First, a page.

Yahoo! and giant bank HSBC Holdings think there's money to be made in global Internet-based money transfers.
Yahoo! and giant bank HSBC Holdings think theres money to be made in global Internet-based money transfers.
But given the sorry state of online banking, last weeks announcement that the two companies will offer global person-to-person payment and other services seems curious. Even more curious is Yahoo!s assertion that the service will be free. To be successful, the companies will have to steal market share from two entrenched players: PayPal and Western Union Holdings.
With the new service, dubbed Yahoo! PayDirect with HSBC, consumers will be able to send and receive money, at home and overseas, via e-mail. Consumers can transfer funds into their Yahoo! PayDirect account from a checking account or credit card. After the funds clear, the money can be sent to a person, retailer or other entity.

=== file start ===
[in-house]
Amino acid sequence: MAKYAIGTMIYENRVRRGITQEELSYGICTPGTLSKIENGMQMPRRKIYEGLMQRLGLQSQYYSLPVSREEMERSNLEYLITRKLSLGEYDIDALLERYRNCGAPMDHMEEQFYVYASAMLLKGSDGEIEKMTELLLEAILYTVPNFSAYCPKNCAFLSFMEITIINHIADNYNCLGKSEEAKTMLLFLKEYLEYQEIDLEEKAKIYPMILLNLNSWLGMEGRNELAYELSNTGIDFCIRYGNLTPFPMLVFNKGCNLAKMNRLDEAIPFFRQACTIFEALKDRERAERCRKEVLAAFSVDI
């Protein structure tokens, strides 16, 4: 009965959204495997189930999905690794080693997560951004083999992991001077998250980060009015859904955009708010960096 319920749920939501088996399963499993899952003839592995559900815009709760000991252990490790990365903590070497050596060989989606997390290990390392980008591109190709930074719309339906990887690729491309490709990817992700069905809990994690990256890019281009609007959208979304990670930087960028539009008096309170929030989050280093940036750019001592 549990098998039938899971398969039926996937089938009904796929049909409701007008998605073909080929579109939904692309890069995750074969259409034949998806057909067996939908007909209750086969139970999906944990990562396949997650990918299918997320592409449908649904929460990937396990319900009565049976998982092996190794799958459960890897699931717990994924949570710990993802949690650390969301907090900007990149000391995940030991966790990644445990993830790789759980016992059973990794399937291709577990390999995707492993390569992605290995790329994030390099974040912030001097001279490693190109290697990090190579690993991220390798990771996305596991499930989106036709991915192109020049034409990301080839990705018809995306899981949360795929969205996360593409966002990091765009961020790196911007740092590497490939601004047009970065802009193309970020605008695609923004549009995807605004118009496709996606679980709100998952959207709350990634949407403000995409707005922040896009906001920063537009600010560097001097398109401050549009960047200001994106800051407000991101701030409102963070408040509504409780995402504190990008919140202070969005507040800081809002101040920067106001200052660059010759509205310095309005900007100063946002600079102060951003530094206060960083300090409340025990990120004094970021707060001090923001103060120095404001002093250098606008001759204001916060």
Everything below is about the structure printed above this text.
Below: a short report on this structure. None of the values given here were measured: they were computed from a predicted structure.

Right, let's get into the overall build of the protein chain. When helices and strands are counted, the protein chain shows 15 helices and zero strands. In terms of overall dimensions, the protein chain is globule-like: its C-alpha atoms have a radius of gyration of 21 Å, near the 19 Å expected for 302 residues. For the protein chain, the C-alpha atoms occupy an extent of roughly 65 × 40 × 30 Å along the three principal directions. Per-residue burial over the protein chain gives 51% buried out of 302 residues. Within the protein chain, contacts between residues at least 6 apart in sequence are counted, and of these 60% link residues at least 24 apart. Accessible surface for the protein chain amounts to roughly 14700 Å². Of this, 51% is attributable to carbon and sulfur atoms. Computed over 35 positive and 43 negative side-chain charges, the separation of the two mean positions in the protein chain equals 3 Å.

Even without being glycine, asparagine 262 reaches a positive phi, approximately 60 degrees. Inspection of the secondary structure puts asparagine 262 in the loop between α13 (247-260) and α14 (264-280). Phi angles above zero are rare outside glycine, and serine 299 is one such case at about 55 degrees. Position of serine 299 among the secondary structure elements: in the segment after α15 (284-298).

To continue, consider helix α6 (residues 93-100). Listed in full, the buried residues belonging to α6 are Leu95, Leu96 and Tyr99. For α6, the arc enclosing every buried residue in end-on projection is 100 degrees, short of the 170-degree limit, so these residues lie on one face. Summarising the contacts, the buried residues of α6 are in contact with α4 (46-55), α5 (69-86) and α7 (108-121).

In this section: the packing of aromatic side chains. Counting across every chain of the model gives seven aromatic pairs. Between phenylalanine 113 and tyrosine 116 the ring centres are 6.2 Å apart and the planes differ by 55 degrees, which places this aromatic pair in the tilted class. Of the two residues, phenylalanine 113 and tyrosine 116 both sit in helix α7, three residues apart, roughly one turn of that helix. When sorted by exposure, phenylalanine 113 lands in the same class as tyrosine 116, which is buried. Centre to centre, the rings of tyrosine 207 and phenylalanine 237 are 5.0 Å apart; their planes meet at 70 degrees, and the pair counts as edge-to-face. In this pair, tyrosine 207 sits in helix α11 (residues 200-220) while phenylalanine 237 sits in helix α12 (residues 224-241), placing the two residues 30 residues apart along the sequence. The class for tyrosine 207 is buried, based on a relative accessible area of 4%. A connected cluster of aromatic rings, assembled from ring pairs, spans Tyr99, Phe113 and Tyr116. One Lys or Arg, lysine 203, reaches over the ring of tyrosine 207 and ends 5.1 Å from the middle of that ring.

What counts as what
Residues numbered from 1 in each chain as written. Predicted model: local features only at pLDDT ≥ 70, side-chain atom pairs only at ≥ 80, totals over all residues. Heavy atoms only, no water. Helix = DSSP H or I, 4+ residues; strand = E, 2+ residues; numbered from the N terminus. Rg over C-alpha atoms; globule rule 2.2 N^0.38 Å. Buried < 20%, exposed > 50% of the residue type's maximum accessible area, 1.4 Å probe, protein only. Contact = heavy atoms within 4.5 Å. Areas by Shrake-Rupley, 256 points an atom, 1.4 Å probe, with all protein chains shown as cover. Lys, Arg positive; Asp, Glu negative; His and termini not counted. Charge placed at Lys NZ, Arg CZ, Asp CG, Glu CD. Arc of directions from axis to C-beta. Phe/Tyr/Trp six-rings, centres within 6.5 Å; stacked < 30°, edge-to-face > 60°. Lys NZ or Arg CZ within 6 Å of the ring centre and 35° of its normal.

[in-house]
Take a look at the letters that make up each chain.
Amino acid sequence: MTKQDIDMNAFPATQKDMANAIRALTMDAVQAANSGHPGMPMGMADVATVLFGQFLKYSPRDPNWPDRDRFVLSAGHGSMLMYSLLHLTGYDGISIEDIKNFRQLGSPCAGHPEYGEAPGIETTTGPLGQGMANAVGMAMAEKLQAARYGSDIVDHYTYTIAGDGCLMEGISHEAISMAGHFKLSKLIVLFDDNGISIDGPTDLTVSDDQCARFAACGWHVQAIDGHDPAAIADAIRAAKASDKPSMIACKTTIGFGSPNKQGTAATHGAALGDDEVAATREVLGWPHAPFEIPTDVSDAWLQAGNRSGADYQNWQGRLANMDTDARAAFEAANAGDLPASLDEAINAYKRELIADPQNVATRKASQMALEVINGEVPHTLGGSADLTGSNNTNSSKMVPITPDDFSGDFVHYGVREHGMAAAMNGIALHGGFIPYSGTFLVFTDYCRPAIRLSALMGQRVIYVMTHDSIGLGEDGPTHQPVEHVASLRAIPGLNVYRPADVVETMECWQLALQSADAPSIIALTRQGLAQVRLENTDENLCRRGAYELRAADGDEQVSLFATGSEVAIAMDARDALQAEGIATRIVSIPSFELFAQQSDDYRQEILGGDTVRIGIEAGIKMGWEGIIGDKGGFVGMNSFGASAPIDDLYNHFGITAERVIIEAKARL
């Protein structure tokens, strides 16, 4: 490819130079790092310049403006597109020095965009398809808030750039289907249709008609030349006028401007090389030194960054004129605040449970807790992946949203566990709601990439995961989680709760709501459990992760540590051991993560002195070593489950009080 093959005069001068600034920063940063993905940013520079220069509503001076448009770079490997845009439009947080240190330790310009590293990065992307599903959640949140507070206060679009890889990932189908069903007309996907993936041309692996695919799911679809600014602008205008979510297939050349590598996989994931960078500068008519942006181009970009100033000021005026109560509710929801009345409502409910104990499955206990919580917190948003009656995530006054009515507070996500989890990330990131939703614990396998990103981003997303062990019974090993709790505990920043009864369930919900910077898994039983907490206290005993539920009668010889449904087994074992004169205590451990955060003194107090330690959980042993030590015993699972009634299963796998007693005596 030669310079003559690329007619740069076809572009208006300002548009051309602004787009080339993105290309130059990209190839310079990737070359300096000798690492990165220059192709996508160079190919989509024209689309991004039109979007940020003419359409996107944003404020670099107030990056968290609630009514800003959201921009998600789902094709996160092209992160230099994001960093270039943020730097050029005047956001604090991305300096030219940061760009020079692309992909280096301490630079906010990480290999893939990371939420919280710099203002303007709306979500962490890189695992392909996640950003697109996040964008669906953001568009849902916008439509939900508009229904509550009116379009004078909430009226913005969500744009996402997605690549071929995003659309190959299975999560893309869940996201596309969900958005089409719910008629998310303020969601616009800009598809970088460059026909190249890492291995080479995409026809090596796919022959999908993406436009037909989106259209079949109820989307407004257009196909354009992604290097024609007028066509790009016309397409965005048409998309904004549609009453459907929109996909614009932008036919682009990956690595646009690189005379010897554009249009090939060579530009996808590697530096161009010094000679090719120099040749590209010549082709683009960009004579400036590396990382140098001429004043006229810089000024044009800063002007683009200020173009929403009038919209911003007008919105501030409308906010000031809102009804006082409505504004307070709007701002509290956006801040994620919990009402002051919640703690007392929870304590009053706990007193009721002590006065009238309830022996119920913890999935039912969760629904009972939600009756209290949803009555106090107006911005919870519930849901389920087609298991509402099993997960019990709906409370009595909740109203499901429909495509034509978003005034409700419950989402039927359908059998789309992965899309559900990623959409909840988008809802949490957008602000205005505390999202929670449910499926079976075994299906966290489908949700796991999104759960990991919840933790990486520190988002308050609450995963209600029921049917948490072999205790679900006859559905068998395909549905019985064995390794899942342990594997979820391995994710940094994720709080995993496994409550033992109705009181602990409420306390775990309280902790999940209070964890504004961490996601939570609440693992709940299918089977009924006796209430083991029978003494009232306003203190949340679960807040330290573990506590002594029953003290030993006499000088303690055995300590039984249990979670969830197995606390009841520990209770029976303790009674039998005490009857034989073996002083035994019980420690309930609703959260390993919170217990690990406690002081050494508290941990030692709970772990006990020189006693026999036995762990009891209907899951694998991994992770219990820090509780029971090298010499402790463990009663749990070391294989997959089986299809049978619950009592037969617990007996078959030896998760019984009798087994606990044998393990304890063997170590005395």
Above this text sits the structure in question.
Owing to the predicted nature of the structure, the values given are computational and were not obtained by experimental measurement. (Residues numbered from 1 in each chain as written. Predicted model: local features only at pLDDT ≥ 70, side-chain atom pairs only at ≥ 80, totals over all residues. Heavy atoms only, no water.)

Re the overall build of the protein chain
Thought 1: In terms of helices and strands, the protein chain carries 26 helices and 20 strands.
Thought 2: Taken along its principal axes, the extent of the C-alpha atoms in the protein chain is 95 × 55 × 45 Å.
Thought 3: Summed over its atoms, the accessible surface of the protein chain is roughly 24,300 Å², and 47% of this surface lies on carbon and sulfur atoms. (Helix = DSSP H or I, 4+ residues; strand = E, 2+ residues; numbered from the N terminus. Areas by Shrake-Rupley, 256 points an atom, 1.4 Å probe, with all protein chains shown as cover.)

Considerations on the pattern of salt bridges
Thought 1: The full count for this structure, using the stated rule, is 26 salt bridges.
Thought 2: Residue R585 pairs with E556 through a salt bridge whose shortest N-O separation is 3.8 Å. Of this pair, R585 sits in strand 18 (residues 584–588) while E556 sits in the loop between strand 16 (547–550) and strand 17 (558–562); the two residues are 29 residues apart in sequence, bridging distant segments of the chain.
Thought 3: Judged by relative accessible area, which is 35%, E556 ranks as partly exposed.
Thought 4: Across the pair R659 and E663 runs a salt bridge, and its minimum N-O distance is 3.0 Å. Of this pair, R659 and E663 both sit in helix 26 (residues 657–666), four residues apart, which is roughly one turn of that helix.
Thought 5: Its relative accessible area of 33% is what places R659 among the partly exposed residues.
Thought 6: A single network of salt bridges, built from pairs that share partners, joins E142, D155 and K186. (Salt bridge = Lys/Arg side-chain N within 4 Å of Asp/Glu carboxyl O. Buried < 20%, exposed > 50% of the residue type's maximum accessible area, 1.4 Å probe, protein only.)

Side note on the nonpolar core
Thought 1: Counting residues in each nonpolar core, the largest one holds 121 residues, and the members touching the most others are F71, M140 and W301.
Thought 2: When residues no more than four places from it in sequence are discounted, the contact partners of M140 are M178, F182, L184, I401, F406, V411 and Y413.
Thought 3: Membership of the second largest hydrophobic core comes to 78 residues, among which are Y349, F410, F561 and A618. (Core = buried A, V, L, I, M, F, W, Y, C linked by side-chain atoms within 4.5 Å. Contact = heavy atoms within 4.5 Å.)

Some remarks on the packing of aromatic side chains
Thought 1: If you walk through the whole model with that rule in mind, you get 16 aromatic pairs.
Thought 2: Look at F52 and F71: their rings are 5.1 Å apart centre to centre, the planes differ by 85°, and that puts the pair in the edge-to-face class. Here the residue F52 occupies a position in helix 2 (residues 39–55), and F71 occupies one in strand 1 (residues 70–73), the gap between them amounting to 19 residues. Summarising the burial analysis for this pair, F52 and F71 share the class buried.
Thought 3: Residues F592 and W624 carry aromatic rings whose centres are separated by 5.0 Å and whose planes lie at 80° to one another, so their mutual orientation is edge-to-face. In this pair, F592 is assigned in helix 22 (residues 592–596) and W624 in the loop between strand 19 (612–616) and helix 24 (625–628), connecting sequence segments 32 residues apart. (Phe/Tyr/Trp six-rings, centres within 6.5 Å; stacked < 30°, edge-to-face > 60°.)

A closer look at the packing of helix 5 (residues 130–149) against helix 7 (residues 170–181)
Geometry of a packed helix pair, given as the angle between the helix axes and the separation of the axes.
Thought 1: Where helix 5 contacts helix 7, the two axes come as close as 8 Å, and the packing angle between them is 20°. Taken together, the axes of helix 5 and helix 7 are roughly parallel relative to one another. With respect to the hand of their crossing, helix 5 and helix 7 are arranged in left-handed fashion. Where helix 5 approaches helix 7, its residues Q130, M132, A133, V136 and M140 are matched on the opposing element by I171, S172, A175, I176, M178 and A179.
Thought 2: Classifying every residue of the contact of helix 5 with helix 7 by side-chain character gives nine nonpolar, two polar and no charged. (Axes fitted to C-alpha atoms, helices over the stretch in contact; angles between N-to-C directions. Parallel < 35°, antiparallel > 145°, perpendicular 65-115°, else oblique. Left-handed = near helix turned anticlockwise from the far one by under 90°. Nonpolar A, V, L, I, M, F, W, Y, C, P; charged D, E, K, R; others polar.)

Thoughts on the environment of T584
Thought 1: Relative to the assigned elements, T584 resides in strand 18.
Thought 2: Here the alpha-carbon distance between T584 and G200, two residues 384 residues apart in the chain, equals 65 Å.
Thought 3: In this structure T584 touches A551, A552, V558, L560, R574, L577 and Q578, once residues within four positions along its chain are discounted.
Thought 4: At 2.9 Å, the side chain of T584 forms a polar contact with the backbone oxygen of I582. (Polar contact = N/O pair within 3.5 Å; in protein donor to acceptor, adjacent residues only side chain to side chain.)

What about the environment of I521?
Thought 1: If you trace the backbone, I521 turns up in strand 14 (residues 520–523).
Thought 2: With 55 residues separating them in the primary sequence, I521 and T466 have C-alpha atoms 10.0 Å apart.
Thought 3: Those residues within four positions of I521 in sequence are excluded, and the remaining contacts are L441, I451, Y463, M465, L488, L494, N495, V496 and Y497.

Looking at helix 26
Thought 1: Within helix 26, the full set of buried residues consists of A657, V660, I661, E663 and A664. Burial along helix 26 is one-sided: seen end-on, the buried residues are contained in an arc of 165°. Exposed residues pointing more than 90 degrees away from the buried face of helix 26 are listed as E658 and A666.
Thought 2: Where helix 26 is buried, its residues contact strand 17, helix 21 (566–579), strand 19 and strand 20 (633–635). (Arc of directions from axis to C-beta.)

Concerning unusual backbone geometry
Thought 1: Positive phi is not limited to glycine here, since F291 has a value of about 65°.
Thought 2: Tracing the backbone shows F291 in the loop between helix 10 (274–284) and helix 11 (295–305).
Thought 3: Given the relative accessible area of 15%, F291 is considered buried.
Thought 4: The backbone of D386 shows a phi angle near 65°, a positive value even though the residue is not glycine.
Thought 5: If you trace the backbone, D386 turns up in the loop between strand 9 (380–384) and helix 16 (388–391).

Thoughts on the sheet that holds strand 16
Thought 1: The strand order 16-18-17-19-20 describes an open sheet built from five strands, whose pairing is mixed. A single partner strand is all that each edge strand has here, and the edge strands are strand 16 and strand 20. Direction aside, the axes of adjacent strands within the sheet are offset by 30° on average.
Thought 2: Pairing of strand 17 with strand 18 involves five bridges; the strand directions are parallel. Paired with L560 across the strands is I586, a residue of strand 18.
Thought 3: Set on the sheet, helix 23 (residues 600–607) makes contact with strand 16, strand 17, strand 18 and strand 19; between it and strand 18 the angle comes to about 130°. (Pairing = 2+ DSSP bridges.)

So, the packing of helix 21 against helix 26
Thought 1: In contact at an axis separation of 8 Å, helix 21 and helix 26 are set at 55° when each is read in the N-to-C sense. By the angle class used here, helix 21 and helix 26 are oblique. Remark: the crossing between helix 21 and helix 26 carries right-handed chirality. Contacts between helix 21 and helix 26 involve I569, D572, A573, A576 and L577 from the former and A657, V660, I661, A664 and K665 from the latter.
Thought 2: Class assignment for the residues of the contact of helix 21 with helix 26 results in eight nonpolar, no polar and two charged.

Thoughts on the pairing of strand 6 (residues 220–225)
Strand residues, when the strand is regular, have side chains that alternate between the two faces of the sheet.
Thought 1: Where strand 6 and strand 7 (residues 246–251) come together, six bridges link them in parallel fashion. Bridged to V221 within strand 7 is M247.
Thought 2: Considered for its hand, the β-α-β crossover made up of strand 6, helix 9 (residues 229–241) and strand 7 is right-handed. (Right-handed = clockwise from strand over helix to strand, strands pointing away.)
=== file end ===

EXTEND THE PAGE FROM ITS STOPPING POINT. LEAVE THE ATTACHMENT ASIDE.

Yahoo!s announcement is actually a retread of a plan launched a year ago with a different bank, Canadian Imperial Bank of Commerce. The portal decided that the Canadian bank didnt have the global reach that it desired, so it recruited London-based HSBC, the worlds seventh largest bank, with offices in 79 countries. Last year, HSBC formerly known as Hongkong and Shanghai Banking Corp. had $48.9 billion in revenue. The bank has 28 million customers and is particularly strong in Asia, a key growth area for Yahoo!, which had revenue of $1.1 billion in 2000. HSBC sees promotional benefits in using Yahoos portal as a new avenue to reach customers.
"We know that payments and person-to-person payments will be a significant part of e-commerce going forward," said Kathleen Young, an HSBC Bank USA spokeswoman. "And the global payments process is going to be a significant part of e-commerce."
Analysts question the deal. "Banks havent been happy with the Net, except as a supplement to their brick-and-mortar banks," said Kenneth H. Thomas, a banking expert and a University of Pennsylvania Wharton School lecturer in finance. Thomas noted that in June, Bank One, the nations fifth largest bank holding company, shut down its Internet operation, WingspanBank.com, despite an investment of more than $100 million. And Deutsche Bank recently closed its Moneyshelf online portal.
Person-to-person money transfers have long been dominated by Western Union, a subsidiary of First Data. Western Unions MoneyZap service is almost identical in structure to the offering by Yahoo! and HSBC.